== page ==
DAVAO CITY (MindaNews / 26 April) – Bar topnotcher Camille B. Remoroza, of the Ateneo de Davao University (ADDU), fulfilled her father’s own dream of becoming a lawyer, which he failed to achieve because of poverty.
Remoroza, with a grade of 90.7 percent, placed third in the 2017 bar examinations, according to the results released by the Supreme Court Thursday. Another Mindanawon, Rhea Doll B. Gonzalo of Xavier University in Cagayan de Oro City, tied with two others to place 15th with a 87.55-percent grade.
A total of 1,724 passed out of the 6,748 who took last year’s bar exams, or a passing rate of 25.5 percent.
Fr. Agustin Nazareno, the bar review director of ADDU’s College of Law, said that the university’s passing rate for its first-timers for the 2017 bar exams was 94.87 percent compared to the national passing average of 25.5 percent.
During a press conference at the ADDU Thursday afternoon, which was streamed live on Facebook, Rogelio Remoroza revealed that he, too, finished law school. “But I didn’t experience taking the bar exams because of poverty,” he said.
He was already 47 years old when he finished law school, which he took while having a full-time job. But unlike his daughter, he could not have a break to focus preparations for the bar examinations because at that time, his wife Nenita lost her job. “I needed to work hard because I was the only one sustaining the family,” Rogelio said.
“If we talk about levelling, I’m just at this level while she’s now up here,” Rogelio talked about her daughter, microphone on his right hand and gesturing with his left, while Camille, holding back tears, stroked her father’s back.
“My wish for her was just to pass the bar exams,” he said. But her sacrifice in studying hard to learn law, he said, paid off.
Camille studied elementary at the Ateneo Grade School in Davao, then graduated valedictorian at the Assumption College of Davao during high school. She was summa cum laude at the San Pedro College, also in Davao, with a degree in nursing.
Growing up, Remoroza wanted to become a certified public accountant and lawyer at the same time but she was drawn to the sciences upon reaching high school.
Before entering law school in 2012, she also contemplated on proceeding to medicine but a teacher pushed her to proceed to law.
In 2010, she was awarded as one of the Ten Outstanding Students of the Philippines, receiving the award from former President Benigno Simeon Aquino III in Malacañang.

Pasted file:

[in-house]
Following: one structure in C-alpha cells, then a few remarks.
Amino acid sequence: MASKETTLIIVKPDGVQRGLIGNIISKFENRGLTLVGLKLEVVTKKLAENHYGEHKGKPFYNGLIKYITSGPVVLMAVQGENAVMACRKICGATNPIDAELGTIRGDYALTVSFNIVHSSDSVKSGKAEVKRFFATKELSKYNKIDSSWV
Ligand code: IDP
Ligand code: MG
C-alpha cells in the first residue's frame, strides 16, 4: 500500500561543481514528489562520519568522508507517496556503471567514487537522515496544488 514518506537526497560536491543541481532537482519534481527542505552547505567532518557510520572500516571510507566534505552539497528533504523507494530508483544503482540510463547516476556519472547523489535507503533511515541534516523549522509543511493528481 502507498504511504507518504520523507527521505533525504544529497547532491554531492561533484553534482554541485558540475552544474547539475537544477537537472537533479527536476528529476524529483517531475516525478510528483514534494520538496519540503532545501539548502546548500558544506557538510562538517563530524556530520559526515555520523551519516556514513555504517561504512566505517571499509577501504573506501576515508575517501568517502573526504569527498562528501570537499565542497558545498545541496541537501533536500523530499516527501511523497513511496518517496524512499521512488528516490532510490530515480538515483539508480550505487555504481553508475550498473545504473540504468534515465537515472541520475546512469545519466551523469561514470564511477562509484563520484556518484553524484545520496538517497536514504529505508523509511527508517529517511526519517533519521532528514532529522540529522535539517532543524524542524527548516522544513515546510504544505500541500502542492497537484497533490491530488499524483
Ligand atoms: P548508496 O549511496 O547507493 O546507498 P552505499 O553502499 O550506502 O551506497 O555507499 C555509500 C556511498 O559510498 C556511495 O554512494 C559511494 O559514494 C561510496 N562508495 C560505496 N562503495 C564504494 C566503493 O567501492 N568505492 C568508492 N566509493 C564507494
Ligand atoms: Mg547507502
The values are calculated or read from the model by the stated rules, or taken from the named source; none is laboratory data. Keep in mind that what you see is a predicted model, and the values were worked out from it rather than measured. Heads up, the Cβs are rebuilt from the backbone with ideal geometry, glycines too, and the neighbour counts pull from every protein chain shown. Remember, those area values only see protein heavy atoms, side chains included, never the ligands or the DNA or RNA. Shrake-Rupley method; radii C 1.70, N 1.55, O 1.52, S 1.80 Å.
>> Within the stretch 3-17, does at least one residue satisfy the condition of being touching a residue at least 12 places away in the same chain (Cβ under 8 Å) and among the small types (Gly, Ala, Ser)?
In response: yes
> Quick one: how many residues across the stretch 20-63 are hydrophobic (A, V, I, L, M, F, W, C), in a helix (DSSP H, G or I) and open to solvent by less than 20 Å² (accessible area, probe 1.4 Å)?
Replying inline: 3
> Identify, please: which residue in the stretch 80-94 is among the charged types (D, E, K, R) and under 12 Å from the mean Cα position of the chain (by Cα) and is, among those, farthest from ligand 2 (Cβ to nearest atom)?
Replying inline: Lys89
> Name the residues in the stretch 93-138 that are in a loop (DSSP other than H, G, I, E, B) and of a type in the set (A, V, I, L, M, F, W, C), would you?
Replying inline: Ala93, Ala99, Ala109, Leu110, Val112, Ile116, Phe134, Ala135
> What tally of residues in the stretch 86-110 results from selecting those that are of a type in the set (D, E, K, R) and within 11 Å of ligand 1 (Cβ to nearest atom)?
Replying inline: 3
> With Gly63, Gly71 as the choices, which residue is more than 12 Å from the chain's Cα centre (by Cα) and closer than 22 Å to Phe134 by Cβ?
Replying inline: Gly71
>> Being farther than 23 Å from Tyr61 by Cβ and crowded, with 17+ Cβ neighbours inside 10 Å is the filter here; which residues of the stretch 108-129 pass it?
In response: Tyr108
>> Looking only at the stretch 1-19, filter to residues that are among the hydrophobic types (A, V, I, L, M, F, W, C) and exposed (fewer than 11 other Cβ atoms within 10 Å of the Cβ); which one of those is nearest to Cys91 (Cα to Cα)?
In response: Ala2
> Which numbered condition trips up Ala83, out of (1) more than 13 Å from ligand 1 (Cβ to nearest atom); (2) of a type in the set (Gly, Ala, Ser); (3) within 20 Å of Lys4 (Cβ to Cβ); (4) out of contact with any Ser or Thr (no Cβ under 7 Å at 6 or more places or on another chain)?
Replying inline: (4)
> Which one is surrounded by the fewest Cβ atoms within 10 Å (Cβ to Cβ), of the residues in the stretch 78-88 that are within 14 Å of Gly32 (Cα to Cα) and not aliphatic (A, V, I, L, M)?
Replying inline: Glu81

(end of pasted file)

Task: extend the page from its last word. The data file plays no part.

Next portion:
At the press conference, Camille said she didn’t expect to top the bar exams. “In the history of Ateneo, it’s usually the top students who topped the bar. Me, I took law in four and a half years,” she added, noting that she even failed in one minor subject on her second year.
But because she had more time to prepare for the bar exams as she finished law school in the middle of the school year, “I studied like I haven’t studied before.”
Camille admitted that she dreamed and prayed that she would top the exams, asking God to show her signs as she waited for the results to come out.
“The number three has always been my lucky number since grade school,” she said. When she joined competitions and she got assigned the number three, she would always win.
Recently when Camille was driving, she said the number three always popped up – in plate numbers, in jerseys, in tarpaulin ads.
But she would not discount hard work, saying, “I think I studied too much.”
Camille advised law students who dreamed of topping the bar exams to start their preparations early in law school. “Even the minor subjects like legal writing and legal research, don’t take them for granted because these will help you when you take the bar exams,” she pointed out.
She said that if a student gets tortured during law school, “be thankful, because the discipline inculcated to you by your teachers is helpful [as] the six months of bar review is a lot more hell than law school.”
While studying law, Camille was working part time as an online writer. “I would sleep at 2 o’clock in the morning, wake up at 8, work again until noon, study from 1 to 5, then attend class from 5 to 9,” she said.
But still, her father said she was not putting in as much time as he did when he was studying law, and thus Camille considered him and her mother as her “best critics.”
This “unhealthy world” of law school, Camille admitted, prepared her for the “hell” that was bar exams review.
But unlike her father who could not take time off to review, Camille had the leisure “to leave everything behind” and focus on her review. “I established a routine and had the discipline. I’d wake up same time every day, sit down [to study] same time everyday, and pray,” she recalled.
“Never be complacent in law school, never be complacent in your life and always strive for the best,” she advised fellow law students.
Camille’s boss at the Office of the Ombudsman in Davao, where she started working last February as senior administrative assistant, said he noted her excellent qualities when she was applying for a job.
“More than her outstanding academic credentials, it is her character, with her humility, simplicity and innate goodness that made an impression,” said Deputy Ombudsman for Mindanao Rodolfo M. Elman. (Antonio L. Colina and Bobby Timonera / MindaNews)